DragonFly On-Line Manual Pages
LIBMAP.CONF(5) DragonFly File Formats Manual LIBMAP.CONF(5)
libmap.conf -- configuration file for dynamic object dependency mapping
The libmap functionality of ld-elf.so.1(1) allows dynamic object depen-
dencies to be mapped to arbitrary names.
Each line in /etc/libmap.conf can have one of five forms:
Whenever a dependency on origin is encountered while loading a
dynamic object, use target instead of searching for origin in the
normal library search paths.
When iterating through a library search path, replace any element
that matches path1 exactly with path2.
Apply constraint to all subsequent mappings until the next con-
straint line or the end of the file. See the Constraints section
Parse the contents of file before continuing with the current
file. Nesting depth is limited only by available memory, but
each file encountered is processed only once, and loops are
Recurse through dir and parse the contents of any file that ends
in .conf before continuing with the current file. Nesting depth
is limited only by available memory, but each directory or file
encountered is processed only once, and loops are silently
Constrained mappings only apply when processing binaries or libraries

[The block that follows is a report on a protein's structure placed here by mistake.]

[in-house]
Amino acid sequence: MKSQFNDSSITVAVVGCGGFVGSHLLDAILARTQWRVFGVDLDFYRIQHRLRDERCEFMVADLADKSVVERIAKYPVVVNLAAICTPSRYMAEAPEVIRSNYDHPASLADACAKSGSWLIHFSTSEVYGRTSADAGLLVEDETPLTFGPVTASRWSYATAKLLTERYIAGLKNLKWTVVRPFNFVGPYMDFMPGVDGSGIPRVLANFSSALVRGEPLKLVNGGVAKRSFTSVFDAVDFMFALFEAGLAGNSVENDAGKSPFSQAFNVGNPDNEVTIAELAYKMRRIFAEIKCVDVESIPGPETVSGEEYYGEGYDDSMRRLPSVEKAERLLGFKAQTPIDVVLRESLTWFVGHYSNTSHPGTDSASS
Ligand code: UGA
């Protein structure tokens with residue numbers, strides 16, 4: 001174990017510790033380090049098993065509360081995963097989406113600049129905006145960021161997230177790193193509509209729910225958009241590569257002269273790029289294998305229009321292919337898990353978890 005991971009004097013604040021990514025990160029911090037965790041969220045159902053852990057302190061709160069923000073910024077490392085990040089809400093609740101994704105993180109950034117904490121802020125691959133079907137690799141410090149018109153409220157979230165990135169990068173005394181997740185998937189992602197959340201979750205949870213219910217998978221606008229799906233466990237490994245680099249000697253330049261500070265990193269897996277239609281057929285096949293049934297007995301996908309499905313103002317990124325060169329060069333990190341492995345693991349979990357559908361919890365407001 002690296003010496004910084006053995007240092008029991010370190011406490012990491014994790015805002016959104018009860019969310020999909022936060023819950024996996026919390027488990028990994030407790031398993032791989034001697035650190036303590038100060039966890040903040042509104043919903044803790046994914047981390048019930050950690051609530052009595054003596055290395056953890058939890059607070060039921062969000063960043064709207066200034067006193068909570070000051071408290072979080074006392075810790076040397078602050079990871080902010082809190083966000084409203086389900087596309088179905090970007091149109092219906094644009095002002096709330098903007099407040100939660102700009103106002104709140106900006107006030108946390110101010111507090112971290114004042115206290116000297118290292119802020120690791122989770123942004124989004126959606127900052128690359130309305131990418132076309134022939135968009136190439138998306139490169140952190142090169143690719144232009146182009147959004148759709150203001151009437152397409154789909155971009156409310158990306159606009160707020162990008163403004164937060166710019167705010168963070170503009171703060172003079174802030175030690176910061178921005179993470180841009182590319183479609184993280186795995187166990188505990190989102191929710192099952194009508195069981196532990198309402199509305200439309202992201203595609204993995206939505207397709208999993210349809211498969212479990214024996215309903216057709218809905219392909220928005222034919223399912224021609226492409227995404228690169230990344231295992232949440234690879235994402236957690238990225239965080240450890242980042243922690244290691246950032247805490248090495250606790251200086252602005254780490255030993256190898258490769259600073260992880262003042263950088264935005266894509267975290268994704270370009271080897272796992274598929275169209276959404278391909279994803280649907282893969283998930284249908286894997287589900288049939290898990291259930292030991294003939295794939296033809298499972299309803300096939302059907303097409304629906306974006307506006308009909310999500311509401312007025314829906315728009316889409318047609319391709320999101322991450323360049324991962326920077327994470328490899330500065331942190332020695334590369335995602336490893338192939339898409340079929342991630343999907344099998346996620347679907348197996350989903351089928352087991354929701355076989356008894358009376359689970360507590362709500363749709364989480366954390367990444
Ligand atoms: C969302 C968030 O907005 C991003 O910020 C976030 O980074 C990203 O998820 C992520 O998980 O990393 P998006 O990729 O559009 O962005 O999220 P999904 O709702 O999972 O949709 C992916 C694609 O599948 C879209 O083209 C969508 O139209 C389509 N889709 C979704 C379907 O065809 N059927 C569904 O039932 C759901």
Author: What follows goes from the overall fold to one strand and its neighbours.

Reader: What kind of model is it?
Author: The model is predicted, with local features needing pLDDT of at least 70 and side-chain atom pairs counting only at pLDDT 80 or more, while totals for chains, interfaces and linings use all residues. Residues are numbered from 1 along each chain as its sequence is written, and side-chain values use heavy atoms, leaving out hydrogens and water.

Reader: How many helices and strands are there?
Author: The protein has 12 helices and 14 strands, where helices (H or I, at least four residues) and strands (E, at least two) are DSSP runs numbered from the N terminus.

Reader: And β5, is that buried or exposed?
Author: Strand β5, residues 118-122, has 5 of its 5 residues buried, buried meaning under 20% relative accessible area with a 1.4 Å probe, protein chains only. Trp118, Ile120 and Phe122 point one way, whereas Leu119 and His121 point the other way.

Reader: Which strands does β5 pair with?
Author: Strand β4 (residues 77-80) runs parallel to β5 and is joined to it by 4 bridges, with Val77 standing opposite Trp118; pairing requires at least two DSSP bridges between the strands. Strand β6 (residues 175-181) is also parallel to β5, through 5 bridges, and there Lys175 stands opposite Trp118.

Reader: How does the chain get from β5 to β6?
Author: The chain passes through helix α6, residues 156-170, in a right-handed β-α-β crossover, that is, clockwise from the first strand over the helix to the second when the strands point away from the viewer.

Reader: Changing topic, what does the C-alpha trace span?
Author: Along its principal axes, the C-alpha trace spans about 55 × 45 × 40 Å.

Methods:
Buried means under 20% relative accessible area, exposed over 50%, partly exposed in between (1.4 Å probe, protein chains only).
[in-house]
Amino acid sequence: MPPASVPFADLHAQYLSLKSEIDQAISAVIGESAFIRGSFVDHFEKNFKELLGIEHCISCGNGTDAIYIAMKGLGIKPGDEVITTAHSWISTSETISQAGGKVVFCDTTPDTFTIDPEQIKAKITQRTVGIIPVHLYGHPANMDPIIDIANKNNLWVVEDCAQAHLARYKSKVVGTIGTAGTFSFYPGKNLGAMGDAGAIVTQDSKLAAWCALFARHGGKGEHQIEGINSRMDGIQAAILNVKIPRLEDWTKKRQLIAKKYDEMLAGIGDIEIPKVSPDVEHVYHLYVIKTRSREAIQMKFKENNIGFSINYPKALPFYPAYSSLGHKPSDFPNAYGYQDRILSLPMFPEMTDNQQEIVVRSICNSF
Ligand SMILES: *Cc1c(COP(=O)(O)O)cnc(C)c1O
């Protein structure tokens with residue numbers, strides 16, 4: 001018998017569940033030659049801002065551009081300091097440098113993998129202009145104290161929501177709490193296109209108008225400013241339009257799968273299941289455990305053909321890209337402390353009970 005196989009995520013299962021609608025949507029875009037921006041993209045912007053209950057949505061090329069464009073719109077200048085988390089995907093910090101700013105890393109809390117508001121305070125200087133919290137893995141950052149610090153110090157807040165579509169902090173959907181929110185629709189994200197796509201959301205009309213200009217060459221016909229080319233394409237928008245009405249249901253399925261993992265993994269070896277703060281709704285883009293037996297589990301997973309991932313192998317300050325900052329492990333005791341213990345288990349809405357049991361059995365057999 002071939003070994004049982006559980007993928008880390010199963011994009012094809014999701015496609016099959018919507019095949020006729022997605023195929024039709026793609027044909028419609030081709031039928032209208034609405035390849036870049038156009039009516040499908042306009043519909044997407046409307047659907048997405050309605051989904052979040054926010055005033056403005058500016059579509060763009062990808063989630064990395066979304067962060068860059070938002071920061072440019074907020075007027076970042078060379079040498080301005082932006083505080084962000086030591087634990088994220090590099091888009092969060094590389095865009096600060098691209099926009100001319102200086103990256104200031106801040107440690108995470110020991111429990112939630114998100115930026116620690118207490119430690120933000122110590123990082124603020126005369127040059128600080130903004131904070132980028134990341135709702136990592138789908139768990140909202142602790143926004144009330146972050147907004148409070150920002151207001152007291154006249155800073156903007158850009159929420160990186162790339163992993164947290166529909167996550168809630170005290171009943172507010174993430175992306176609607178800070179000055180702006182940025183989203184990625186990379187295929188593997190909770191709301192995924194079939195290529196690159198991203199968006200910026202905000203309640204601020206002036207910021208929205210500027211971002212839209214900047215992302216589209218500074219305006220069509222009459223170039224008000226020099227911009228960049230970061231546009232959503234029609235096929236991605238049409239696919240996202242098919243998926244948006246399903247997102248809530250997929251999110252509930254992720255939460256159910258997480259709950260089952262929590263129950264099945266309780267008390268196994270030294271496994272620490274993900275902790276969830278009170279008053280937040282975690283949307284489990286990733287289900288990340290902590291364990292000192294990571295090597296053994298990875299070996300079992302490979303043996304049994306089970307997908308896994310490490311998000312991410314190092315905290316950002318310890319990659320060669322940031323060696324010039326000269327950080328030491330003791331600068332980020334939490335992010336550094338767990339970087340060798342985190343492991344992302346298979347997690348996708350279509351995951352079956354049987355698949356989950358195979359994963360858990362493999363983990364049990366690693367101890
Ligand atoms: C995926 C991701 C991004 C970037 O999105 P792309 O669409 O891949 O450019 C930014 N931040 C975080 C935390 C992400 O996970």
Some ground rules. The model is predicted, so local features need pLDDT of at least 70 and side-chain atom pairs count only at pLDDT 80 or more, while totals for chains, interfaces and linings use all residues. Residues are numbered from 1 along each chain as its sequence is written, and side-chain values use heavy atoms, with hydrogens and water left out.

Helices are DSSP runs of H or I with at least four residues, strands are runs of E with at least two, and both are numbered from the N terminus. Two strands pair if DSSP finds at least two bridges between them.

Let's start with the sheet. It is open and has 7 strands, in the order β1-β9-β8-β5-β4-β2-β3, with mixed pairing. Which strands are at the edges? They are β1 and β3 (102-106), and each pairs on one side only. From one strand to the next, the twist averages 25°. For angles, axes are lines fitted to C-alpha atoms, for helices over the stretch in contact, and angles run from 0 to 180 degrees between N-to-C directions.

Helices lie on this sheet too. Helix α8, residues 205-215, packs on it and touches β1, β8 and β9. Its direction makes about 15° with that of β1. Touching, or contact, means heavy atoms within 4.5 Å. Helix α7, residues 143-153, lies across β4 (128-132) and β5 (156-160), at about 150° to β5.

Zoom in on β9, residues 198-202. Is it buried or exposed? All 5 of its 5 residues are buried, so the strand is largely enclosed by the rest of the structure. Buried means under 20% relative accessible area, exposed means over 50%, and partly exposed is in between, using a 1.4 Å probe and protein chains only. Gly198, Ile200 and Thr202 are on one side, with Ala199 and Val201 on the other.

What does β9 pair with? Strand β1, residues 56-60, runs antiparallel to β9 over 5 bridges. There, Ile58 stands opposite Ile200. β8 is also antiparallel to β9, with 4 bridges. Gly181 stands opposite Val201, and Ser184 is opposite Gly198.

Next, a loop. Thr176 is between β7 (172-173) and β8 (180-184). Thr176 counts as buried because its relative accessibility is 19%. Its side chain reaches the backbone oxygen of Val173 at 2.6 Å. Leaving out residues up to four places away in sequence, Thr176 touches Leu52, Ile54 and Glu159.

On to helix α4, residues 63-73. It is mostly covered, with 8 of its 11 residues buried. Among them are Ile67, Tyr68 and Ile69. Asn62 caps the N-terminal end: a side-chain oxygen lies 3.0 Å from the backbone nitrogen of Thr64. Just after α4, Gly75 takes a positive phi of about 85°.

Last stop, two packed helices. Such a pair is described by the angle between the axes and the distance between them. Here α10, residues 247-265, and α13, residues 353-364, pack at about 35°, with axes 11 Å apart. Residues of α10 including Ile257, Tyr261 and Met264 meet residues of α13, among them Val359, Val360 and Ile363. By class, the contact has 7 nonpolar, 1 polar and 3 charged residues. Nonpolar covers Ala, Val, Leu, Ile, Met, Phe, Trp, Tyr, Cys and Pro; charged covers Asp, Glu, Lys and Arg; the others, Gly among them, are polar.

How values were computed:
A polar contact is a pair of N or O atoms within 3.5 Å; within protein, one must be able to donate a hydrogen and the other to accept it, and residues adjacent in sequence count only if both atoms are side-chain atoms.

that satisfy the constraint. There are three types of constraints:
Exact The constraint is matched literally so that only an executable
with an identical fully qualified pathname will satisfy the con-
straint. This means that the executable /usr/bin/foo will not
satisfy the constraint [/usr/bin/./foo], and vice-versa. This is
the default constraint type.
A constraint with no path is matched against the basename of the
executable. For instance, the constraint [foo] will match
/bin/foo, /usr/local/sbin/foo, or any other executable named foo,
no matter what directory it is in.
A constraint with a trailing slash is satisfied if the full path-
name begins with the constraint string. For instance, the con-
straint [/usr/bin/] will match any executable with a path start-
ing with /usr/bin/.
Note that the constraints are matched against the path that was passed as
the first argument to whichever exec(3) function was used to execute the
binary in question. Most programs executed from a shell are run without
a full path, via execvp(3) or similar, so the basename constraint type is
the most useful.
WARNING! Constraints apply to all mappings until the next constraint or
the end of the file. Hence, unconstrained mappings must be placed at the
top of the file.
/etc/libmap.conf The libmap configuration file.
# candidate target
libc_r.so.6 libpthread.so.2 # Everything that uses 'libc_r'
libc_r.so libpthread.so # now uses 'libpthread'
[/tmp/mplayer] # Test version of mplayer uses libc_r
[/usr/local/jdk1.4.1/] # All Java 1.4.1 programs use libthr
# This works because "javavms" executes
# programs with the full pathname
# Glue for Linux-only EPSON printer .so to be loaded into cups, etc.
The libmap mechanism first appeared in FreeBSD 5.1.
This manual page was written by Matthew N. Dodd <firstname.lastname@example.org> and
extensively rewritten by
Dag-Erling Smorgrav <des@FreeBSD.org>.
DragonFly 4.7 September 16, 2013 DragonFly 4.7